The Boston Bruins will once again turn to Rask in Game 3 after the 2020 Vezina Trophy finalist made 35 saves to help his team get to double-overtime in Game 3 and is 2-1 with a 2.27 GAA and a .926 save percentage so far.
Washington Capitals goalie Ilya Samsonov was a big part of the Game 3 double-overtime breakdown that led to Smith’s game-winning goal, but he was brilliant otherwise in stopping 40-of-43 shots in his first game back from the COVID-19 Protocol list. The 40 saves for Samsonov was the most for a Capitals goalie making his playoff debut in franchise history.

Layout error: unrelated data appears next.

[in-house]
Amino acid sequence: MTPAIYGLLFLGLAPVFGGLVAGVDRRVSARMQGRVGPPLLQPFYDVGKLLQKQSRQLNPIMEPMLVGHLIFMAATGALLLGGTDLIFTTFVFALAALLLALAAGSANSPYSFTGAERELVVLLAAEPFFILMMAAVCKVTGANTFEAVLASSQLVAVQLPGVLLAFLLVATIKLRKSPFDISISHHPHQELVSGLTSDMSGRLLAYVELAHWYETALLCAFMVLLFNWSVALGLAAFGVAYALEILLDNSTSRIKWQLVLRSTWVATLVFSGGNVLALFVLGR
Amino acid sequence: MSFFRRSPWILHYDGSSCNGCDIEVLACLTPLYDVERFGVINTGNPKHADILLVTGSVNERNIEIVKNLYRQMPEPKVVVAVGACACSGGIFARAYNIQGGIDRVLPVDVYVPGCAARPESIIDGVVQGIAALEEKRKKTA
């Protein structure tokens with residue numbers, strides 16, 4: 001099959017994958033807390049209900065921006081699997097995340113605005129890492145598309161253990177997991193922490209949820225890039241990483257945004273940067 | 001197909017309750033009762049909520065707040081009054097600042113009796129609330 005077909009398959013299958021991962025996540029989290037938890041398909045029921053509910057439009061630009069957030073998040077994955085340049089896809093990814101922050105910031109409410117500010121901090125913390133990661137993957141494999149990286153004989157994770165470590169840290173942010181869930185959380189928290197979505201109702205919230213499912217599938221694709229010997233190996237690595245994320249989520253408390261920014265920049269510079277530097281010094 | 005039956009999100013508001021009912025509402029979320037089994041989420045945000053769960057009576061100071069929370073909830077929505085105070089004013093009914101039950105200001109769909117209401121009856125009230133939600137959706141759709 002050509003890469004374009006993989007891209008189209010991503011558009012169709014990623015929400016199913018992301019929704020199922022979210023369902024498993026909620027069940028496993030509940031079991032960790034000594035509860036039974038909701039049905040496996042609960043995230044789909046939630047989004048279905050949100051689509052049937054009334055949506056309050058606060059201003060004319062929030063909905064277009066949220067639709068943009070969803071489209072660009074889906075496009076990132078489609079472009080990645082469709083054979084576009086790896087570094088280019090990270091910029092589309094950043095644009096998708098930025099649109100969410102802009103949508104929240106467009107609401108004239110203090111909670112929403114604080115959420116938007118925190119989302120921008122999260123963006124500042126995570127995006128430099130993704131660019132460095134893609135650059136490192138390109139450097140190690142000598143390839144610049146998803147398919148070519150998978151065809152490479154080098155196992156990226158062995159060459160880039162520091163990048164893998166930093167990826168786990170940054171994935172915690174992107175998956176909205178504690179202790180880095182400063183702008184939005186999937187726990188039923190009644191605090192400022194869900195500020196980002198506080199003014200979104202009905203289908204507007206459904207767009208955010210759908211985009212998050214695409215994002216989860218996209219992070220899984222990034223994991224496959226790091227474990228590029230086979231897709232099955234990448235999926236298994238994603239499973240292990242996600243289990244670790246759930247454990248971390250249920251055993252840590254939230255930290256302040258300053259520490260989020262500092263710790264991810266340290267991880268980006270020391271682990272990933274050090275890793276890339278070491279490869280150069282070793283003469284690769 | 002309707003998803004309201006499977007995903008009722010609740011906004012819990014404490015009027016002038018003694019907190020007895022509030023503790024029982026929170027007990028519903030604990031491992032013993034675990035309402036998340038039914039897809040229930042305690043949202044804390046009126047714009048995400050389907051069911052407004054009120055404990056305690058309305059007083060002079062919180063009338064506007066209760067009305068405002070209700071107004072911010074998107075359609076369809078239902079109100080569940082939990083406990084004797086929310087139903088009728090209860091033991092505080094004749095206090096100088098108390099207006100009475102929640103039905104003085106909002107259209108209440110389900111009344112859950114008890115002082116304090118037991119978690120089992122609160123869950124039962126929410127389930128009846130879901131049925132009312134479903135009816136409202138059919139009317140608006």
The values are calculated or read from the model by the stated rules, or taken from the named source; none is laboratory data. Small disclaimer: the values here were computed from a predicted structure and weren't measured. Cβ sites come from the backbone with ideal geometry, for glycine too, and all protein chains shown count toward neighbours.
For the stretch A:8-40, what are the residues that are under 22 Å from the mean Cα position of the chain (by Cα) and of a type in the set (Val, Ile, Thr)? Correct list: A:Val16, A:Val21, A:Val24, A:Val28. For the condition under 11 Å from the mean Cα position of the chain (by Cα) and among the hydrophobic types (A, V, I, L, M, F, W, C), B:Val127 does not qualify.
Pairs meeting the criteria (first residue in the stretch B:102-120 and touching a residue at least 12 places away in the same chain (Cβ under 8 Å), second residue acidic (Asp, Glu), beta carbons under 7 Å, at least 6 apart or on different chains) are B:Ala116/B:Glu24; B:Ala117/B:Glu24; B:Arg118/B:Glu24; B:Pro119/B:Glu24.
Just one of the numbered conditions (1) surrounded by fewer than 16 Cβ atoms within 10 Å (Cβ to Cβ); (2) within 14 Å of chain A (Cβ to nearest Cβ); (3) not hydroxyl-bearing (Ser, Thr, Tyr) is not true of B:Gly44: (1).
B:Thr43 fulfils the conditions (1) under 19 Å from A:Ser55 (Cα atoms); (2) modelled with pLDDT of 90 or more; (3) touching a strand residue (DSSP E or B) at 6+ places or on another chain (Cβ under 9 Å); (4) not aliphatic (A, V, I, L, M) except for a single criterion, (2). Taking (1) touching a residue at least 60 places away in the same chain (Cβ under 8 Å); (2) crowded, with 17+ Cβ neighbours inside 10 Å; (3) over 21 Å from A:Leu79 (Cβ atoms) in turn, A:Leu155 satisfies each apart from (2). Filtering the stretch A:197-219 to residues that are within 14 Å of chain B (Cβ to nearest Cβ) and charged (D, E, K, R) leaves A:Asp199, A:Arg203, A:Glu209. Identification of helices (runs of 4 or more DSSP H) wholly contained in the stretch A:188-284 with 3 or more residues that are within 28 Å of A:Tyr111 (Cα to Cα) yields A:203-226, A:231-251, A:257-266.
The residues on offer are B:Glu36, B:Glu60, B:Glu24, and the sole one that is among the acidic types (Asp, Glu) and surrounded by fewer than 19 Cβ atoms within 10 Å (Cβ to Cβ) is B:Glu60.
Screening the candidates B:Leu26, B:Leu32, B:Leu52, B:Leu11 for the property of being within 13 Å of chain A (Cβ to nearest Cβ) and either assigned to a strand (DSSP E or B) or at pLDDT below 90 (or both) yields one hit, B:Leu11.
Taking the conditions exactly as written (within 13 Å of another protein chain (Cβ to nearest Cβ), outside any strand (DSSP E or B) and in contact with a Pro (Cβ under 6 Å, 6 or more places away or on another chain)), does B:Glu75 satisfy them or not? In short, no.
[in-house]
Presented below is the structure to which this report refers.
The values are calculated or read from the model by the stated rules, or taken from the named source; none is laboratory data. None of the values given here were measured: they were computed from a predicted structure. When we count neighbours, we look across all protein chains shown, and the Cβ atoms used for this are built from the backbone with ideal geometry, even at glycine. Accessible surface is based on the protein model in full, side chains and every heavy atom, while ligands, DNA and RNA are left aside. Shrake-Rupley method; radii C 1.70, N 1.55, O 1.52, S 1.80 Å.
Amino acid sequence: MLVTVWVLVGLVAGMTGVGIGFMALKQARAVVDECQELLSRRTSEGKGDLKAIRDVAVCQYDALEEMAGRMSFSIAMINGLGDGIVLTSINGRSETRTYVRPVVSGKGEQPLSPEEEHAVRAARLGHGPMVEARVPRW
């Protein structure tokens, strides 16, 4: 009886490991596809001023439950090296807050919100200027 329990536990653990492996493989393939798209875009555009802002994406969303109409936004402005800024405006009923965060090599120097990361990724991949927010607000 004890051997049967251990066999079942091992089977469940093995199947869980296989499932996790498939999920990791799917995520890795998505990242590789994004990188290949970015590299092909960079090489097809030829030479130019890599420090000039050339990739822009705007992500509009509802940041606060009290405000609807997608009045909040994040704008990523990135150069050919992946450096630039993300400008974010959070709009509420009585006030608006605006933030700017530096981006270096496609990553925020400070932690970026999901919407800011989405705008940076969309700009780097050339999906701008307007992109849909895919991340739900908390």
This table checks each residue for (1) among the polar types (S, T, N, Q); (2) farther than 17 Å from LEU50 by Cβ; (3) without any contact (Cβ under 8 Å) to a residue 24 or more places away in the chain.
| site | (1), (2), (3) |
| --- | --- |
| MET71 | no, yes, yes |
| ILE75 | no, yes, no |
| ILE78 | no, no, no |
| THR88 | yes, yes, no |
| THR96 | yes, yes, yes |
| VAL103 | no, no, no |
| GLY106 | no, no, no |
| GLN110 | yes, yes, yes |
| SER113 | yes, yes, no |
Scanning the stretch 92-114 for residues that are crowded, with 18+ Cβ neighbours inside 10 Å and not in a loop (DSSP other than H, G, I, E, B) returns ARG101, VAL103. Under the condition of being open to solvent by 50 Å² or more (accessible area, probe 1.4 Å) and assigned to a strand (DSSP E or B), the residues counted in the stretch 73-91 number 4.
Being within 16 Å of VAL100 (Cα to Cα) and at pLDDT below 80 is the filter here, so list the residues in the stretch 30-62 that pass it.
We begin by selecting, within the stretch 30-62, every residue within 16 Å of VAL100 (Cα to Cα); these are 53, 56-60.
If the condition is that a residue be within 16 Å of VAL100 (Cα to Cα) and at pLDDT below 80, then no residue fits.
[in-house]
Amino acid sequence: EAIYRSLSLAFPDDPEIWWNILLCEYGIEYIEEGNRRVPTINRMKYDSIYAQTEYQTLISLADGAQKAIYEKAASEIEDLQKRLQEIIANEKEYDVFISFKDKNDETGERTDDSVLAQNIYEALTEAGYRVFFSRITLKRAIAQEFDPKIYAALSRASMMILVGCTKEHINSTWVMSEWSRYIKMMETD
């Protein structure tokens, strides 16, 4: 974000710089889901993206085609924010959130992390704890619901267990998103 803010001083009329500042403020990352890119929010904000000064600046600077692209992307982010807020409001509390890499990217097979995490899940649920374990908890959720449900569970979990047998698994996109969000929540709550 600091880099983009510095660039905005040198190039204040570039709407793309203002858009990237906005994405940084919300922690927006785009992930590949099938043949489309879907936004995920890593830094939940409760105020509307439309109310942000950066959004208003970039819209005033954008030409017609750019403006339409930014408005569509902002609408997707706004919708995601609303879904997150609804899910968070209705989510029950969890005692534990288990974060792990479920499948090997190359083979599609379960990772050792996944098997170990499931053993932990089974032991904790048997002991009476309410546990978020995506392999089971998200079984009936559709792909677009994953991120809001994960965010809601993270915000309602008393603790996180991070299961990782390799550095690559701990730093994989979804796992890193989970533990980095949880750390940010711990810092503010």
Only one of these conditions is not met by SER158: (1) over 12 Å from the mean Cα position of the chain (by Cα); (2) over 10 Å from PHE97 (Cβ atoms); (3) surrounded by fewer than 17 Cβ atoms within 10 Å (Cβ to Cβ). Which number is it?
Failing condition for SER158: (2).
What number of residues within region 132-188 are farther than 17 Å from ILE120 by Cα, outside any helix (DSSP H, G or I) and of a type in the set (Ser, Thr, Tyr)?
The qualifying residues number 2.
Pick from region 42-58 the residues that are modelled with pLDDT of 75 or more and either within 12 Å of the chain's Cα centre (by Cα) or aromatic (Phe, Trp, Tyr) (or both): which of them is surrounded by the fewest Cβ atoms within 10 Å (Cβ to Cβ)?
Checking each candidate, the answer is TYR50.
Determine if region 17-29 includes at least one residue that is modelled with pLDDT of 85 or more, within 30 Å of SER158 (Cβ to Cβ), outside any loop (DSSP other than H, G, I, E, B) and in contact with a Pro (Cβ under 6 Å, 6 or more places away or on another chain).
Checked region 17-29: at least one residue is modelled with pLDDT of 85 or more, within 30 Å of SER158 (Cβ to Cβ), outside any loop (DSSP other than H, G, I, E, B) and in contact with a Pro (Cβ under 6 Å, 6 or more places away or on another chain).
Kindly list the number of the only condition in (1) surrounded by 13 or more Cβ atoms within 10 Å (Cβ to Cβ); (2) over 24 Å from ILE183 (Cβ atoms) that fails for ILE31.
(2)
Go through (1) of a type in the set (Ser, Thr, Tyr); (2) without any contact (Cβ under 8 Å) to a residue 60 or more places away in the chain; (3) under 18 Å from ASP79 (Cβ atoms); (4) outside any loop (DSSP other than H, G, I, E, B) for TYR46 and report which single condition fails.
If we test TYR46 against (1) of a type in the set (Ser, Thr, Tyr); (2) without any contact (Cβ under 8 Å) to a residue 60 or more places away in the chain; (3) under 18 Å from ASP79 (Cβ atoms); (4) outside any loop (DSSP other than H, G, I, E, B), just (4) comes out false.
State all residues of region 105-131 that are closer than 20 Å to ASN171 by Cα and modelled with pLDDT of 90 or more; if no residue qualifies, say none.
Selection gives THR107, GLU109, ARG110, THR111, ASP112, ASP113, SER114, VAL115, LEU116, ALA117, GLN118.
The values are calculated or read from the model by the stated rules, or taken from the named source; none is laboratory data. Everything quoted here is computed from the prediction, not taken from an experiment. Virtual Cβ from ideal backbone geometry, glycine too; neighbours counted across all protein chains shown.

CAPS TODAY: Ilya Samsonov recorded 40 saves in his postseason debut on Wednesday, the most saves by a goaltender in their playoff debut in franchise history. More info on Samsonov and Caps Clips at https://t.co/HecIC0ECg1 pic.twitter.com/igaQW7fAtT
— CapitalsPR (@CapitalsPR) May 21, 2021
-The Boston Bruins are once following the lead of their veteran core group that’s begun scoring goals and impacting the series in the last couple of games, with both of those efforts no-so-coincidentally turning into wins for the Black and Gold.
Newcomers have credited the sense of calm and even-keeled professionalism that permeates the Bruins dressing room, even during times of stress in the postseason.